The Lost Records Localities Digital Collection consists of copies of records from counties or incorporated cities that have suffered significant record loss due to intense military activity (predominantly during the Civil War), courthouse fires, theft, vandalism, water damage, pest damage, and/or natural disasters. Copies are made from surviving records such as wills and deeds found in the court records of other localities as part of chancery and other circuit court records processing projects. The “lost” documents are digitally scanned and the images and pertinent information are added to the Lost Records Localities Digital Collection available on Virginia Memory.
The Lost Records Localities project has been an ongoing one for the Library of Virginia for decades. During the mid-1910’s, Virginia’s first state archivist Morgan P. Robinson sent a letter to all clerks inquiring about the state of the records in their courthouses. Many responded saying the records were destroyed during the American Revolution, Civil War, courthouse fire, etc. The coming of the Circuit Court Records Preservation Program in the early 1990’s continued this project and enabled the hiring of additional archival staff to process circuit court records, mainly chancery causes. While processing chancery, archivists identify documents from localities that suffered loss of records–a Will of Matthew Koon, 1731, recorded in Stafford County and used as an exhibit in a Fauquier County chancery cause or … read more »
The Library of Virginia is pleased to announce that digital images from the Prince George County chancery causes digitization project are now available on the Chancery Records Index. Both the images and the index cover the years 1809-1917 and are available to researchers on the LVA’s Virginia Memory site.
The following are a few suits of interest found in the newly available Prince George County chancery digital images. Richard W. Backus vs. Admr. of John B. Williams, etc., 1837-003, references the postponement of the sale of a slave named Ursa because she was ill. Divorce suit 1875-001, David Harrison vs. Eliza A. Harrison, includes a letter from the court clerk referencing the destruction of a marriage license by the “Raiders” during the Civil War. Another divorce suit, Bettie Hays vs. William Hays, 1908-003 provides detailed testimony given by the plaintiff of spousal abuse by her husband. (These divorce cases join one already mentioned here on Out of the Box – a divorce in which the husband claimed that the child his wife gave birth to could not possibly be his.) In chancery cause 1916-023, Cubit Stith vs. Lucy Jackson, etc., Cubit Stith describes himself as an uneducated colored man who was born a slave. He and his daughter, Lucy Jackson, were in a bitter dispute for control … read more »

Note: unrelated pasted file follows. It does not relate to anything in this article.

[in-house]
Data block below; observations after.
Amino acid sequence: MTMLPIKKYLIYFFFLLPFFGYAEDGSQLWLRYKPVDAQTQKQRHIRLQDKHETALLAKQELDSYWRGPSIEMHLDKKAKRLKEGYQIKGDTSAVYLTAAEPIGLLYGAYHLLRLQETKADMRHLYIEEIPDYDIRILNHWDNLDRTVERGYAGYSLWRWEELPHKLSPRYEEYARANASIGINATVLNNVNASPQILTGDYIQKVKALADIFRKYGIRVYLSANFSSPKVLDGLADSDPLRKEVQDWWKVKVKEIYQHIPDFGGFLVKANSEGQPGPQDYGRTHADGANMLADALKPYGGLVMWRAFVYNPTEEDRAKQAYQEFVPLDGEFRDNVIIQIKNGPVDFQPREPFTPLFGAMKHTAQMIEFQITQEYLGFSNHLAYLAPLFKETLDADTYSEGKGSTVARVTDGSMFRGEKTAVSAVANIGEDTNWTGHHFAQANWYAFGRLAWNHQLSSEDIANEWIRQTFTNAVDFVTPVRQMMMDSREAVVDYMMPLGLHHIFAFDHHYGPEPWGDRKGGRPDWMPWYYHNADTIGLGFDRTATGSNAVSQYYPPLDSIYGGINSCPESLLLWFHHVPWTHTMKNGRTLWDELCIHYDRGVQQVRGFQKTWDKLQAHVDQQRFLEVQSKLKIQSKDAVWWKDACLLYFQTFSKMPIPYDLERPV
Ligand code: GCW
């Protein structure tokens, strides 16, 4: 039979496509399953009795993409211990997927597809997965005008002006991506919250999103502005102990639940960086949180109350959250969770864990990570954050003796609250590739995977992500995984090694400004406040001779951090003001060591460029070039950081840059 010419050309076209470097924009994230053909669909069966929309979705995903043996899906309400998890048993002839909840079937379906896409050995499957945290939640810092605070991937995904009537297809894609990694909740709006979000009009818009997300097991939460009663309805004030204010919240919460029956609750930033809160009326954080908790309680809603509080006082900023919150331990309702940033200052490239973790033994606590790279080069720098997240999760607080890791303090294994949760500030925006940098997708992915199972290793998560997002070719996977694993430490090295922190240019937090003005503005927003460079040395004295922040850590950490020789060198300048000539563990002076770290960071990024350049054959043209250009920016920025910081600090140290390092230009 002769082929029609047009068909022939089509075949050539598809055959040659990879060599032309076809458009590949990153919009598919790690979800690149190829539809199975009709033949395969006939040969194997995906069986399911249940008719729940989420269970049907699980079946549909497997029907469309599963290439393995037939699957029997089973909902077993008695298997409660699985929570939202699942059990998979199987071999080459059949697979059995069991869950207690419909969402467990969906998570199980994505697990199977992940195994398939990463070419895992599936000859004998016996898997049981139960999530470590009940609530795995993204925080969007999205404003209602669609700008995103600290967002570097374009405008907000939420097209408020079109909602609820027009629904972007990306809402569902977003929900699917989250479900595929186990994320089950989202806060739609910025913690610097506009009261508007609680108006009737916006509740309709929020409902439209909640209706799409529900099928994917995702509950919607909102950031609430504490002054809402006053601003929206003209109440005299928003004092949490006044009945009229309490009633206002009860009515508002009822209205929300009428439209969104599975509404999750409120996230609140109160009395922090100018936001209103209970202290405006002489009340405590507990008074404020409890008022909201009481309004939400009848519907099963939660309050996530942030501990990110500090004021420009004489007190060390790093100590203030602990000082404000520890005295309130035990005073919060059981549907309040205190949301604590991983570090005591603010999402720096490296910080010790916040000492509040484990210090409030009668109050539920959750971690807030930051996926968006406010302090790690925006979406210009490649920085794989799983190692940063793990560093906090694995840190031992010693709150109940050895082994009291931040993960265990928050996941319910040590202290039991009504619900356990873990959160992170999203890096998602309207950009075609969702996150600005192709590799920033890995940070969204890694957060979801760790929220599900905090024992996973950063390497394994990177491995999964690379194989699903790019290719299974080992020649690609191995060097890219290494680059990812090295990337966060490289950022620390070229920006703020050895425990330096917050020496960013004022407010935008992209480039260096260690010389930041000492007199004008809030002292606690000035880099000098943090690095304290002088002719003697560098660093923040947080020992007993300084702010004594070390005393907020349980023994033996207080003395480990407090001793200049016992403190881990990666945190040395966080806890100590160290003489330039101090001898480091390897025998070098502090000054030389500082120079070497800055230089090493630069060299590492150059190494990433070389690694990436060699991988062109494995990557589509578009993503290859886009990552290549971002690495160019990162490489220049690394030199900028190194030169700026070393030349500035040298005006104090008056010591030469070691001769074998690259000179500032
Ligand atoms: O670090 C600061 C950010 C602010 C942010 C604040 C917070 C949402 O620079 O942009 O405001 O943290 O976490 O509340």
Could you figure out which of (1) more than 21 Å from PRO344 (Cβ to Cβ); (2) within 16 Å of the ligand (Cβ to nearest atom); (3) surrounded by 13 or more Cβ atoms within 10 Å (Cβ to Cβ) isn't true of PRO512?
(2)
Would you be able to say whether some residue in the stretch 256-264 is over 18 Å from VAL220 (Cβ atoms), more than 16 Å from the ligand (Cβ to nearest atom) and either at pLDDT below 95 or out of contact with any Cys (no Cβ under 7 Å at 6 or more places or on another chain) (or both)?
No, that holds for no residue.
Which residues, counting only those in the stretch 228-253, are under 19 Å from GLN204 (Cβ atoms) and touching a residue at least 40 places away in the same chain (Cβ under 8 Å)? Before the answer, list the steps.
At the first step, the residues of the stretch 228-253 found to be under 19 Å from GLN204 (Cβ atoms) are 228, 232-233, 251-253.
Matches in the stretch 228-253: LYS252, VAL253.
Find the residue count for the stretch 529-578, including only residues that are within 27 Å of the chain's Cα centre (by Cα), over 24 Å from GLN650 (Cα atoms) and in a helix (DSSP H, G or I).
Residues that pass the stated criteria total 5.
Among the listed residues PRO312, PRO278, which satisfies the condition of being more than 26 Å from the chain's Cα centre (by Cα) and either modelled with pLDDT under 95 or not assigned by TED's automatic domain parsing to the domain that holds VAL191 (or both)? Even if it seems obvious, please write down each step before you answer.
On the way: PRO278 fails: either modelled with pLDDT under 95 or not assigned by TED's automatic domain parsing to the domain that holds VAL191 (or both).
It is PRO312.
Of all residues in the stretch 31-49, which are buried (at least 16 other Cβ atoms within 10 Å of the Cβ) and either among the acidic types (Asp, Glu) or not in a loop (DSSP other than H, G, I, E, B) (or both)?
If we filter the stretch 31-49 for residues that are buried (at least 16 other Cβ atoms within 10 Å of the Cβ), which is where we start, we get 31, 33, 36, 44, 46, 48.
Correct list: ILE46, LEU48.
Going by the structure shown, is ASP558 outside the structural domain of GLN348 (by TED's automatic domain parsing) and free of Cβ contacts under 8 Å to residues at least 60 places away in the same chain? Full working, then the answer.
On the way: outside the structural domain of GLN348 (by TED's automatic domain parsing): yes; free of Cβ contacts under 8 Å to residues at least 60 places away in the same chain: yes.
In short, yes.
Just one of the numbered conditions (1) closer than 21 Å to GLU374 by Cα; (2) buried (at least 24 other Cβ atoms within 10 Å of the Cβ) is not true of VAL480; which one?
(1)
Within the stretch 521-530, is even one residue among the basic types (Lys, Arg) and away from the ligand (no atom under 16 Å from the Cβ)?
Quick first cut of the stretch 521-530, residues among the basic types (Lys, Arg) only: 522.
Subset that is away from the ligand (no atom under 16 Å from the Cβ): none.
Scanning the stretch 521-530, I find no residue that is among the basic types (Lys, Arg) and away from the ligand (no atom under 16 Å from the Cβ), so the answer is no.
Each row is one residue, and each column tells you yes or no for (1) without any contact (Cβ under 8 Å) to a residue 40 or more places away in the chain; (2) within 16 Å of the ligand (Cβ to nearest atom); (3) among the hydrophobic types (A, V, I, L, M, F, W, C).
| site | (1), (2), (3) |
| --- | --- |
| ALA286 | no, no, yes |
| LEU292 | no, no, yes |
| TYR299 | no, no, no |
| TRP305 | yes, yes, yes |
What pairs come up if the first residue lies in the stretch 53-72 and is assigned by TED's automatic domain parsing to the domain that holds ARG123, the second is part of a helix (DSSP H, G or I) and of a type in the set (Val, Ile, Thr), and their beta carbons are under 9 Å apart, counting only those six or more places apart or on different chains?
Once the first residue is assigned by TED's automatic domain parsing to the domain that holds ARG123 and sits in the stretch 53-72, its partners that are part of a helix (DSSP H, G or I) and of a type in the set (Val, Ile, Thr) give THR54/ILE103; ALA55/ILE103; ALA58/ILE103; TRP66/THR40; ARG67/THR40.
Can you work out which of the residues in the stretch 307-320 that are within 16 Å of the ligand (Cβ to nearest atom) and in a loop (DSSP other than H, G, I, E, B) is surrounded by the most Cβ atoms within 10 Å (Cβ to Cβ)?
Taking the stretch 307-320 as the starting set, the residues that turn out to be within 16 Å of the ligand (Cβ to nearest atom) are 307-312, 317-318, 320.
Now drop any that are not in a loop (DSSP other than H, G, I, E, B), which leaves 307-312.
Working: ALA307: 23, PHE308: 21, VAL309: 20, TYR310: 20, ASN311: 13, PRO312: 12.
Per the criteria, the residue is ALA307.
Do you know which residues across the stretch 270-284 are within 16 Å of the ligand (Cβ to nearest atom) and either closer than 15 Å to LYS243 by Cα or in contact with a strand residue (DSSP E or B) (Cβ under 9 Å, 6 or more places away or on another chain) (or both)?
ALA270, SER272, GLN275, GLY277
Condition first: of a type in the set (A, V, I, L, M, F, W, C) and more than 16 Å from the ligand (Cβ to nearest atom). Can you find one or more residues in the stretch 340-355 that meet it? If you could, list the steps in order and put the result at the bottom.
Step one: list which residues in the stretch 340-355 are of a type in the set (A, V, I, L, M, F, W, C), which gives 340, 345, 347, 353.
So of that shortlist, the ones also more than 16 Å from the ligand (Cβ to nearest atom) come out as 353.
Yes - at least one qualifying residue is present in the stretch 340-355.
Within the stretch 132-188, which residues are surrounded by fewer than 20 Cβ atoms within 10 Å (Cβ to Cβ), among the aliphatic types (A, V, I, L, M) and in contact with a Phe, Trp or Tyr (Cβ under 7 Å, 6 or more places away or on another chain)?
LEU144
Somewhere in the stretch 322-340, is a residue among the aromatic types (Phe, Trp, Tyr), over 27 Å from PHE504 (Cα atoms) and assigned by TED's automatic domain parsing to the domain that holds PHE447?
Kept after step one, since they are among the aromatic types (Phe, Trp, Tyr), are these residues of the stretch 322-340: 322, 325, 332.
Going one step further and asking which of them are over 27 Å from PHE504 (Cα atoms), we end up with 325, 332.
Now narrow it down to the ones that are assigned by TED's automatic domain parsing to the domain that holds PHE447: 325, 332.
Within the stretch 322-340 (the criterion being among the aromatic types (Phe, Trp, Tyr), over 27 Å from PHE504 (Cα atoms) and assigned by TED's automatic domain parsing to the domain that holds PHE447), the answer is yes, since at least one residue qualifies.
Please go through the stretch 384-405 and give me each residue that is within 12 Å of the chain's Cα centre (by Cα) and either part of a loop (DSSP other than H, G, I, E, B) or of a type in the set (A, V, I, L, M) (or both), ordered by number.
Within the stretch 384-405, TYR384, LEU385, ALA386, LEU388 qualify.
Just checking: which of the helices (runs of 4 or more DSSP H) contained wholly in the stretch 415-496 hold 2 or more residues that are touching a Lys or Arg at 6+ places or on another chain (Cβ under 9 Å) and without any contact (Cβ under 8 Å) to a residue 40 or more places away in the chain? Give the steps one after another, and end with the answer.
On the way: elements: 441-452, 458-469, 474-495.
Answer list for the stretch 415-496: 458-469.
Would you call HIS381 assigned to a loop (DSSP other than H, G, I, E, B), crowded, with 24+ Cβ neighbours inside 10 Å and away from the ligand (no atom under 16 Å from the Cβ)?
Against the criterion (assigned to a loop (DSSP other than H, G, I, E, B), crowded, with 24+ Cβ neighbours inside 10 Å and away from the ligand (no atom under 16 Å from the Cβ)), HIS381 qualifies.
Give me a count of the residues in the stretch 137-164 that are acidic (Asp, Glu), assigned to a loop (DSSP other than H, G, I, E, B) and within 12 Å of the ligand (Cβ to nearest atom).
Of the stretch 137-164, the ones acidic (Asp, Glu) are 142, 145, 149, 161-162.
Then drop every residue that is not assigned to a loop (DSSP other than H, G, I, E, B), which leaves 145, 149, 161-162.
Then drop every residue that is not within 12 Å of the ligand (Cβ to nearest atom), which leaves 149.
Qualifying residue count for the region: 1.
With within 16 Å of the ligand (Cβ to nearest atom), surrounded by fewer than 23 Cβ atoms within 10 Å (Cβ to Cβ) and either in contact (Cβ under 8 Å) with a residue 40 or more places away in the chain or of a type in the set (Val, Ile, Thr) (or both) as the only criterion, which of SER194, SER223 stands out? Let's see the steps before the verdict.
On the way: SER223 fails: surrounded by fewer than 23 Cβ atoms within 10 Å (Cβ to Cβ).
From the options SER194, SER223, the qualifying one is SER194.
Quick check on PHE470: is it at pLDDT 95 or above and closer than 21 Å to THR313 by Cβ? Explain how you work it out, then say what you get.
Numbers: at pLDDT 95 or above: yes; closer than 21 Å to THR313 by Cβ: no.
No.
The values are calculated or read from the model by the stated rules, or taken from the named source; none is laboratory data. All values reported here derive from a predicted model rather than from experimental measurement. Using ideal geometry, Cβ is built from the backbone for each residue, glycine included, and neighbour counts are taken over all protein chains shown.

The Library of Virginia, in partnership with the Scott County Circuit Court Clerk’s Office, is pleased to announce that digitization of Scott County’s historic chancery causes is now complete. Both the index and images are available to researchers via the Chancery Records Index on the LVA’s Virginia Memory site.
The Scott County chancery collection covers the years 1816 through 1942 (with digital images posted through 1912). The chancery, or equity cases, are a valuable source of local, state, social, and legal history and serve as a primary source for understanding a locality’s history. They often contain correspondence, property lists (including slaves), lists of heirs, and vital statistics that reveal detailed stories that help tell the story of Virginia. Cases contain useful biographical, genealogical, and historical information and document a broad spectrum of citizens—rich and poor, black and white, slave and free.
Chancery Cause 1873-034, Sampson S. Robinett vs. Samuel Babb, etc., helps document post-Civil War relations as it brings to light lingering bitterness between pro-Union and pro-Confederacy residents living together in Scott. In chancery cause 1897-057, Town of Gate City vs. Col. J. B. Richmond, the city attempted to stop a citizen from blocking what it considered a public road. A large map of Gate City was used as an exhibit. Chancery Cause 1901-058 reveals the religious beliefs of the members … read more »
The Virginia Circuit Court Records Preservation Program (CCRP) is celebrating its 20th anniversary this year. Part of the Library of Virginia’s Local Records Services branch, the program was created in 1992 to address the preservation needs of some of the most important records in the state – the records of Virginia’s 120 circuit courts. The CCRP continues to not only preserve, digitize, and microfilm historic records from around the commonwealth but also to reach out to circuit court clerks in each locality, offering them consultative services and financial assistance through its grant program. Since its creation twenty years ago, the program has awarded over 1100 grants, totaling nearly $16 million, to Virginia circuit court clerks to help address the preservation needs of records stored in their localities.